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Now, Buddhadāsa makes it clear in his Thai talks that the first step of this practice, concerning the long in and out breathing, is actually a preparation for meditation, in the same way that the pancasīla, the five precepts, or guidelines for would-be meditators to practise in their ordinary lives, is a preparation exercise.  One, the training in sīla, is aimed at bringing our life, our interractions with the world we live in under some degree of control by learning to restrain our desires, which involves controlling speech and physical activities; the other, the long breathing, aims at bringing the physical body under control, calming it, relaxing it, by manipulating the breath.

According to Buddhadāsa meditation is all about control.  Hence, in the first step he follows the Buddha’s instruction to ‘fully comprehend,’ to know all about, long in and long out breathing by asking people to learn to control their breathing, that is, to make their in an out breaths long quite deliberately.  He says we should strive to understand the long breathing thoroughly by practising with its many different forms, we should get to know all the forms of long breathing the body is capable of doing: long breathing, longer, breathing, longest breathing, long soft and gentle breathing, long rough breathing, and so on.  Sit and observe the forms of long breathing until we know all about them.

To do this most easily Buddhadāsa suggests that we practise in a particular way, that is, we count as we breathe in and out to make the breathing longer, as long as we wish, thus we perhaps would count in our mind - not out loud - up to three, or up to five as we breathe in, and, if our counting is equal to seconds in time, then we’d immediately have a three or five second in breath to contemplate.  We do the same with the out breath.  In this way we can lengthen or shorten the breathing as we like.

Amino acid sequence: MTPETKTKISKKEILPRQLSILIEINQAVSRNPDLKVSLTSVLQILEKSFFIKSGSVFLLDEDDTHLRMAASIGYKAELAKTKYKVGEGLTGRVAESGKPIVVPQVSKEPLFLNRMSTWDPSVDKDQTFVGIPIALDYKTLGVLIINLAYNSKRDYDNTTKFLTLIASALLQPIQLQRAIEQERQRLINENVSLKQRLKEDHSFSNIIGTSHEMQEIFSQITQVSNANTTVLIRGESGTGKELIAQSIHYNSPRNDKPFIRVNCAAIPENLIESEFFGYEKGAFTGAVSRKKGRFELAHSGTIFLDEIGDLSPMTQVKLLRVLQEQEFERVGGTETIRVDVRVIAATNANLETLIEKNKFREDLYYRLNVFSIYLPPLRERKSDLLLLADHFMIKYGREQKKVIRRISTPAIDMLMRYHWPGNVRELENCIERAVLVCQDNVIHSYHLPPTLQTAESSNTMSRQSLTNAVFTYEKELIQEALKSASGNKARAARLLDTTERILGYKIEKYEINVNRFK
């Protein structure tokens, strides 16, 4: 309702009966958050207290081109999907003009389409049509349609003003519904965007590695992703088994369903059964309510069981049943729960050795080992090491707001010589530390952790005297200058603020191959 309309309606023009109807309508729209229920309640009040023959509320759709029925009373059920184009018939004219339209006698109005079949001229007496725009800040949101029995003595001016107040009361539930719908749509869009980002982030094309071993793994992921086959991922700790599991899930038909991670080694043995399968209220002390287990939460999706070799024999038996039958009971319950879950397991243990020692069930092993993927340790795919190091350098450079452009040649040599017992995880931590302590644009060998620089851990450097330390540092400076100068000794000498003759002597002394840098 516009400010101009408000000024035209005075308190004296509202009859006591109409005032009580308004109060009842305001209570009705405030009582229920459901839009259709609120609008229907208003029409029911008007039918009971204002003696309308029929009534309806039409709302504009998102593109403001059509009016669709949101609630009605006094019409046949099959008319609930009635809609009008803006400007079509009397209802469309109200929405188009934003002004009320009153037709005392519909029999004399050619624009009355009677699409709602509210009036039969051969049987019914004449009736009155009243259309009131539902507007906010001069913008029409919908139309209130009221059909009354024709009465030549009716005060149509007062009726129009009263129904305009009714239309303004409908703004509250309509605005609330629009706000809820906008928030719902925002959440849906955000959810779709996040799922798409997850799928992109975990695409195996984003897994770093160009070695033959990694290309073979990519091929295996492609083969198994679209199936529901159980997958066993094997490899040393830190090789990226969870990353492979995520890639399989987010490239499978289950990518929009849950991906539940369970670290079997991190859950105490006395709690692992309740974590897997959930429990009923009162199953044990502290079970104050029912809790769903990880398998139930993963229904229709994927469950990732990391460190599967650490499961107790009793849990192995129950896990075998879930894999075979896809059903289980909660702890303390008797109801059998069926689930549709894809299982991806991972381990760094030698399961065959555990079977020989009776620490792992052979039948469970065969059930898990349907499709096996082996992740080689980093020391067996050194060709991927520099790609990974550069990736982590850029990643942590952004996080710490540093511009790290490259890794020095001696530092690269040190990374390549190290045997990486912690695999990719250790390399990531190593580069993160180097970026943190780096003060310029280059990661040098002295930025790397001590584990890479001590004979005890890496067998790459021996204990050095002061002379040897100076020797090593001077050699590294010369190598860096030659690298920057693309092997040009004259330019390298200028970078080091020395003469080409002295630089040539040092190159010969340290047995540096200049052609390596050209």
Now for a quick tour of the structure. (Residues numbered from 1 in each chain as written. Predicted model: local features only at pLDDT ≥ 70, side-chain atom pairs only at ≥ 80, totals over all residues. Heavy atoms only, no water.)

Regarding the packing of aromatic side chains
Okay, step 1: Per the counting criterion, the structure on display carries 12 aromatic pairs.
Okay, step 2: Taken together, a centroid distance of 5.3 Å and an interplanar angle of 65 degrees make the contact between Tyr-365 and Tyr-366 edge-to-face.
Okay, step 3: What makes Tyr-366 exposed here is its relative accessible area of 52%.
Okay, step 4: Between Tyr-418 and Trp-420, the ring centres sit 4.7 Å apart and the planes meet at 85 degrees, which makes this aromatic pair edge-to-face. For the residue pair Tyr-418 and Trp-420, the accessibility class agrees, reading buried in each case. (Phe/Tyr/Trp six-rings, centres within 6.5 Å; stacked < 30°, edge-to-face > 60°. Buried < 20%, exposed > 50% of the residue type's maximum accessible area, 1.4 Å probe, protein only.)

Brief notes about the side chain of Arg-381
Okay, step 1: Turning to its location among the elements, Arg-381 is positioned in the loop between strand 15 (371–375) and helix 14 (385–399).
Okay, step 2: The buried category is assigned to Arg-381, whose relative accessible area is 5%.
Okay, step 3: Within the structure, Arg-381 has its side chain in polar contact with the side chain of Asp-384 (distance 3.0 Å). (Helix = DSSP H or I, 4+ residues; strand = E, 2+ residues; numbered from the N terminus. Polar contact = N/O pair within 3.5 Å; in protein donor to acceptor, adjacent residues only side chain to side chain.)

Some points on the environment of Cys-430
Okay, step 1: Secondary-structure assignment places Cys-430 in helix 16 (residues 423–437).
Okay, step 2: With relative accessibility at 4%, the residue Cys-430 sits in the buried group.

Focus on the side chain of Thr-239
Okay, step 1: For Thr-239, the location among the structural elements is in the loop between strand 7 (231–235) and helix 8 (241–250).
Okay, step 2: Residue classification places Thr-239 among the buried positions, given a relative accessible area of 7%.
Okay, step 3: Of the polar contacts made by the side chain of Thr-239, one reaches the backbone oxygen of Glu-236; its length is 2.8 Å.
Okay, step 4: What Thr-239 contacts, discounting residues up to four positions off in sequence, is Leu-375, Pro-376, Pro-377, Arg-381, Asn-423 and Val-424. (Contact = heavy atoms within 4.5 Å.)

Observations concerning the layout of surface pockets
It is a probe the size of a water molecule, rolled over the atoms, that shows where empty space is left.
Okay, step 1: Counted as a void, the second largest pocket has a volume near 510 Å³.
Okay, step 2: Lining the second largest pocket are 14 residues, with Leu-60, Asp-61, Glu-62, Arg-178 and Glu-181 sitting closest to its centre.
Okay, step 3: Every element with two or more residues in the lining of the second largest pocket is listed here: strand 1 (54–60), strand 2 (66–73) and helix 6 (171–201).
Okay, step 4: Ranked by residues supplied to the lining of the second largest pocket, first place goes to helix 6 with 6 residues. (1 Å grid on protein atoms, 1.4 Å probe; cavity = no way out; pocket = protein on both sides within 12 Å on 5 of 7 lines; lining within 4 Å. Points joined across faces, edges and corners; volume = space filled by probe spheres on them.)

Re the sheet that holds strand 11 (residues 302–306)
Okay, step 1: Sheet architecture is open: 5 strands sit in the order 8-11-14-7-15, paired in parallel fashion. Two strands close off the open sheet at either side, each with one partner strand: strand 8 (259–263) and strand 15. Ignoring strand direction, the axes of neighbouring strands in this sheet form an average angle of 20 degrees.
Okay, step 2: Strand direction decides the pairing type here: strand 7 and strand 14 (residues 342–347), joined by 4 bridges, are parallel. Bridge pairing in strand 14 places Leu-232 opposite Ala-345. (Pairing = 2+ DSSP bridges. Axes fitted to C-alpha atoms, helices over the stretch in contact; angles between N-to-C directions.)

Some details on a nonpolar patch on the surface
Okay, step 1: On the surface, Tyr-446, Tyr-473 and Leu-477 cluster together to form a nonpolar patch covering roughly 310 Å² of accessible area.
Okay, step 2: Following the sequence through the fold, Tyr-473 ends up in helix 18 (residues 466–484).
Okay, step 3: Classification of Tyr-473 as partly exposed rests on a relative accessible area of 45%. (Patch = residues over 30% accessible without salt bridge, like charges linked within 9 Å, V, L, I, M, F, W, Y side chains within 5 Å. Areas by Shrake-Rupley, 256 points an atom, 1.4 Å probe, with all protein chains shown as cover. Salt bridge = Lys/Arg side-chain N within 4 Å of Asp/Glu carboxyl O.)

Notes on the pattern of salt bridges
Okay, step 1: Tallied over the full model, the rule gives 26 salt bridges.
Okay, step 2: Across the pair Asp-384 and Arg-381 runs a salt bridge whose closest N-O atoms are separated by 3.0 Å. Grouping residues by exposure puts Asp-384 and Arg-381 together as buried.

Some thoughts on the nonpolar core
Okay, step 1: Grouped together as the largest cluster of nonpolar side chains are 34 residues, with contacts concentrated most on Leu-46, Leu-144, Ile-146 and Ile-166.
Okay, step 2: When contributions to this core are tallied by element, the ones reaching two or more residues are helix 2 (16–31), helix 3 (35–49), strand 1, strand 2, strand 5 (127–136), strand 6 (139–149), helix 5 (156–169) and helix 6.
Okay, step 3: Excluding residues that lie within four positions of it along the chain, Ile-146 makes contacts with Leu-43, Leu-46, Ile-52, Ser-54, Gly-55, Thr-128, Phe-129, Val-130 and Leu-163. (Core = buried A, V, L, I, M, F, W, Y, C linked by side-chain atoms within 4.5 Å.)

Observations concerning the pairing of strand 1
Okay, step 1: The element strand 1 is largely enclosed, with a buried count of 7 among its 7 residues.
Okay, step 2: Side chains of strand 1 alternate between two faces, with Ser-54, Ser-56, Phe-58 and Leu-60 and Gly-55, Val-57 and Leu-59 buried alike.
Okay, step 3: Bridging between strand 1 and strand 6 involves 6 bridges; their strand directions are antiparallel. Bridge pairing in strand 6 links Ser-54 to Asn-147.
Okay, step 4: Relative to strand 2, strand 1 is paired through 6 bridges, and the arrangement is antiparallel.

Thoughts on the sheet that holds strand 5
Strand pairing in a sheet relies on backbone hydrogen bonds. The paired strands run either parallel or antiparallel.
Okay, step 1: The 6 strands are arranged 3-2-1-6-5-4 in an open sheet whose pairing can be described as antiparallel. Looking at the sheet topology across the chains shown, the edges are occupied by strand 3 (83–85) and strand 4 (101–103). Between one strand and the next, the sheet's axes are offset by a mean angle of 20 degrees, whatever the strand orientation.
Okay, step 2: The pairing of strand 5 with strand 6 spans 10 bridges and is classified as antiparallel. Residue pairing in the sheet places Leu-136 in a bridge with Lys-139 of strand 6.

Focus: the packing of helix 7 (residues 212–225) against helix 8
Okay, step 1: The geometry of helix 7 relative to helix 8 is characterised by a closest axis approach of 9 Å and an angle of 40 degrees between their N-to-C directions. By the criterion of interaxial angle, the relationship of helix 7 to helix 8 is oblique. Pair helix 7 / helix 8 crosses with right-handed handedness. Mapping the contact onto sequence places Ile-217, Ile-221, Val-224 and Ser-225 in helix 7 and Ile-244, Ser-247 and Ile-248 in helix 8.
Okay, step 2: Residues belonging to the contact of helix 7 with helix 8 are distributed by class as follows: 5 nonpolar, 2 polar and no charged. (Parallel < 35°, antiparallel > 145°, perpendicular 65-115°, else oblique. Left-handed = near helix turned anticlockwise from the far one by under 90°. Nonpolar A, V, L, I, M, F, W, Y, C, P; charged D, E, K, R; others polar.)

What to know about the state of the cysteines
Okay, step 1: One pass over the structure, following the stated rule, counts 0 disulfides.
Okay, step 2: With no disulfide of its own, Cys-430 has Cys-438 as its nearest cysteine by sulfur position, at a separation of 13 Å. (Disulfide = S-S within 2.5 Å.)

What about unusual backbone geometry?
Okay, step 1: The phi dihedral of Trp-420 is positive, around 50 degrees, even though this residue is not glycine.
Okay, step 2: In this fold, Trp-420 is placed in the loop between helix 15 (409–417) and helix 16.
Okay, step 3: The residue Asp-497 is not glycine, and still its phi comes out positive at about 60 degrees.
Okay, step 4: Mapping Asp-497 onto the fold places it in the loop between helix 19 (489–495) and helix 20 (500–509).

To do this properly we’ll have to learn to control the actual flow of breath in and out of the body, so that, even though we’re taking much longer than normal to breath in and out we don’t get too much air into our lungs.  Hence it’s necessary to regulate the flow of the breathing - in much the same way that we would control the flow of water from a tap or fawcet – so that we can breathe in and out for five, ten, fifteen seconds, or whatever, and feel no discomfort.

It’s also recommended that we don’t do as people are normally advised to do when observing the in and out breaths, that is, we don’t ‘guard,’ we don’t observe a point at the tip of nose, noting the passing in and out of the breathing in that one place - at least not in the beginning - ‘guarding’ is something we will do, eventually, but at first Buddhadāsa suggests that we learn to ‘follow,’ or ‘chase’ the breathing in and out of the body.  Thus, we start at the tip of the nose, feeling the breathing enter the nostrils, and we try to follow the sensation of breathing as it passes over the inner body surfaces, over the top of the mouth, and down the throat to the top of the lungs, and then, as we’re actually observing feeling here, the feeling the breathing makes as it passes in and out of the body – the breathing itself being impossible to observe – we can switch to include the bodily movement in our observations, because, when we breathe in the body, the navel area will move more or less noticeably in response, and as this also creates a feeling we can include this in the exercise too.  So, we breathe in and follow or chase the breathing from the nose tip, down the throat to the top of the lungs, at which point we switch to the bodily movement and the sensations created by them until the in-breath comes to an end.  We then reverse the process, first noting the bodily movement as the breathing begins to make the return journey then picking up the out-breath as it enters the throat area and finally reaches the nose once more.

To do this is to really and truly fully comprehend, to know all about, the long in and out breathing, which is precisely what the Buddha asked people to do.